A long free kicks this week, talking about the NFL for the first time in a long time, about the dunk contest for the first time ever, and about the St. Louis Cardinals for what I feel like will be one of many times this season. At least I am not having to talk about the continuing saga of Brian Roberts’ health, which, neck, back, knee or whatever, has to concern Orioles fans. All assumptions of a stronger season are called into question without Roberts’ presence in the leadoff spot, where Baltimore has no replacement in the lineup. With Cesar Izturis likely the primary backup at second, you certainly won’t get production from there. While Roberts spends some time in the trainer’s room, let’s line up for the kick…
So… Does this Mean Tebow Isn’t the Chosen One?
New Denver Broncos Coach John Fox has already named Kyle Orton is starting quarterback for 2011* despite the promise shown by the still-raw Tim Tebow in limited action last season. Look, I won’t argue that Orton is likely the better quarterback, but he is hardly the type of player that you declare in February to be your undisputed starter. That sort of assurance is designed for entrenched quarterbacks who have proven themselves to be among the best in the league or is the face of your franchise. Orton is neither of these. Fox is probably trying to make sure that Orton doesn’t become a malcontent or want out of Denver and leave him with Tim Tebow or Bust, but there are easier ways of assuaging his worries. Any declaration by Fox before there has been a minicamp, training camp, or even after he has had more than a month to look at film is disingenuous at best. Fox could have pulled Orton aside and told him he has the edge and not had to make a grand statement.
Kyle Orton put up some good numbers last season in a pass-first offense, but that is inflated by big games against bad competition and duds against talented squads. In his last start he threw three interceptions against Arizona with no touchdowns (not to imply Arizona was talented), and struggled against Kansas City (though he destroyed them in their first matchup), Oakland, New York (Jets), and San Diego. Hardly the stuff of legend. With Bronco’s President John Elway appearing to favor Tebow, John Fox may have wanted to make a statement. The timing- and rationale- is way off.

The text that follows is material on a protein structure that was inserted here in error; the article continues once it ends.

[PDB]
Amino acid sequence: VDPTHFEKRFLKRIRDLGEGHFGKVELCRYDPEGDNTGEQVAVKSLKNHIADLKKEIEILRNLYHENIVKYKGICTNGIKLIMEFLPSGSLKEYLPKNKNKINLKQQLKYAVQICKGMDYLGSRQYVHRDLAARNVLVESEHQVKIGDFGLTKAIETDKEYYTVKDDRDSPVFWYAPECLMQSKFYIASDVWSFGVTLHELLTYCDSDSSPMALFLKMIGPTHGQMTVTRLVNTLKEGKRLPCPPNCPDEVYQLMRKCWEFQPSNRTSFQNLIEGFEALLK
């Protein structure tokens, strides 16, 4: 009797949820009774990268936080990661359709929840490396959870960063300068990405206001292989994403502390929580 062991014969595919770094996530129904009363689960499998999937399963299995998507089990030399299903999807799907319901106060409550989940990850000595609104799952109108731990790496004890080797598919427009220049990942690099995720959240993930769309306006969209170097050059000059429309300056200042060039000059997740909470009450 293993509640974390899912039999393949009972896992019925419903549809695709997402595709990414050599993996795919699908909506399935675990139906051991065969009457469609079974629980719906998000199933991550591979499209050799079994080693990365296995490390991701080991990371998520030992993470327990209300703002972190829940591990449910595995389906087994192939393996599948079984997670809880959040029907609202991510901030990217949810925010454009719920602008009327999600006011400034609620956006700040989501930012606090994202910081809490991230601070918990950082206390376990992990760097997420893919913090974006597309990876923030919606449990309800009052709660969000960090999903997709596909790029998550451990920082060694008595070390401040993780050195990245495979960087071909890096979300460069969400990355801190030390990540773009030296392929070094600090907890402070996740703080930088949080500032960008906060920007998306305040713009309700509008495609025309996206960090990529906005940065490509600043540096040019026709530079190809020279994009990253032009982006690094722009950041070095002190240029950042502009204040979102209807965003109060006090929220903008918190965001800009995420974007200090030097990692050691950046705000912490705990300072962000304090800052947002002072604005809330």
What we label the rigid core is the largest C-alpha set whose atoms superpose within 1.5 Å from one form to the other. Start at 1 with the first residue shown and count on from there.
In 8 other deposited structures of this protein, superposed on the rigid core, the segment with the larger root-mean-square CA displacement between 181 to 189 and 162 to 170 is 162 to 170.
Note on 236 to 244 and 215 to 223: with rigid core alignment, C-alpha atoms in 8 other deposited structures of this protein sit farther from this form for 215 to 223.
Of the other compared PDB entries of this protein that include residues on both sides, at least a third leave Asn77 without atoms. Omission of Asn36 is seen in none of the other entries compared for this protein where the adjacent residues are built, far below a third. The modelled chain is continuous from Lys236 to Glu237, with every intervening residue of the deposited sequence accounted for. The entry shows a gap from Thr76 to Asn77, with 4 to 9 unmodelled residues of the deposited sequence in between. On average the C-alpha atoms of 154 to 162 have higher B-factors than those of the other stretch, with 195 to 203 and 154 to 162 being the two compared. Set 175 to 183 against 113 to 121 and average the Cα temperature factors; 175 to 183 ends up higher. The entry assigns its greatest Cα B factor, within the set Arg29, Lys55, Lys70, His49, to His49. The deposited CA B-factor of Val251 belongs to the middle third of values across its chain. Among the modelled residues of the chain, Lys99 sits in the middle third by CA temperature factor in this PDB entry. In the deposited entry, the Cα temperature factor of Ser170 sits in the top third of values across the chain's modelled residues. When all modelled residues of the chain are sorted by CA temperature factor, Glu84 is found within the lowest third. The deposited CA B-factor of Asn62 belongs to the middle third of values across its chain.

*assuming there is a 2011 season
The One and Only Time I Will Break Down a Dunk Contest
Had there not been a car there, most players would still have gotten up that high to make the dunk that Blake Griffin made to win the dunk contest. His finishing move was all pageantry and little substance, catching an alley oop from the now-Cleveland-bound Baron Davis and throwing it down the way a half-dozen players do every week. There was nothing spectacular, save for the presence of the car itself- which it should be noted only had to be jumped over the hood, not the roof. It wasn’t nearly the feat accomplished by Serge Ibaka in leaping from the free throw line (behind the line, unlike his predecessors), nor did it match the creativity of JaVale McGee’s 2 and 3 ball dunks. It’s true that Griffin didn’t need to take 4 or 5 attempts, but he also had one of the most straightforward dunks of all.
I was disappointed when Griffin made it to the finals because I knew that fans would throw their votes to Griffin regardless of what McGee did because of his superstardom, the same way they voted Yao Ming into the All-Star game after playing all of 8 games (unimpressively, I might add) and being lost for another season, or the same way they omitted Kevin Love because of the market he played in. Blake Griffin is an incredible player, a physical force of nature that we haven’t seen enter the league since LeBron James. But for the Dunk Contest, his car stunt was all glitz, glamour, and little substance.
House of “Cards” Starting to Crumble
The Cardinals entered this year’s spring training with an uncertain roster, virtually unchanged (and not at all upgraded) from last year’s unit that lost the NL Central to the upstart Reds. In their absence, the Cubs bulked up (again), the Astros began their rebuilding project in earnest, and the Brewers struck gold in trading for Zach Greinke. In short, the Cardinals were in a tough spot to begin with. Then of course the Albert Pujols drama started in earnest, with the Cards failing to reach an agreement with the best player in baseball who wants to be paid accordingly (fancy that).
As if that wasn’t enough to relegate this talented team and legendary franchise to the good-but-not-playoffs teams, St. Louis will now have to try to regain their crown without Adam Wainwright, their co-ace alongside Chris Carpenter. Not only is Wainwright coming off four straight dominant seasons and finished second in Cy Young voting last year, but it is important to note the last time the Cards did without one of their aces. In 2008 St. Louis lost Chris Carpenter for almost the entire season, accruing an 86-74 record and finishing 11.5 games behind division champ Chicago. That year Wainwright himself was limited to just 20 starts. He will undergo Tommy John surgery and leave the Cardinals with an uncertain rotation, counting on the likes of Ian Snell to rescue the group behind Carpenter. This is shaking out to be a rather disappointing year in what could wind up as the end of an era in St. Louis.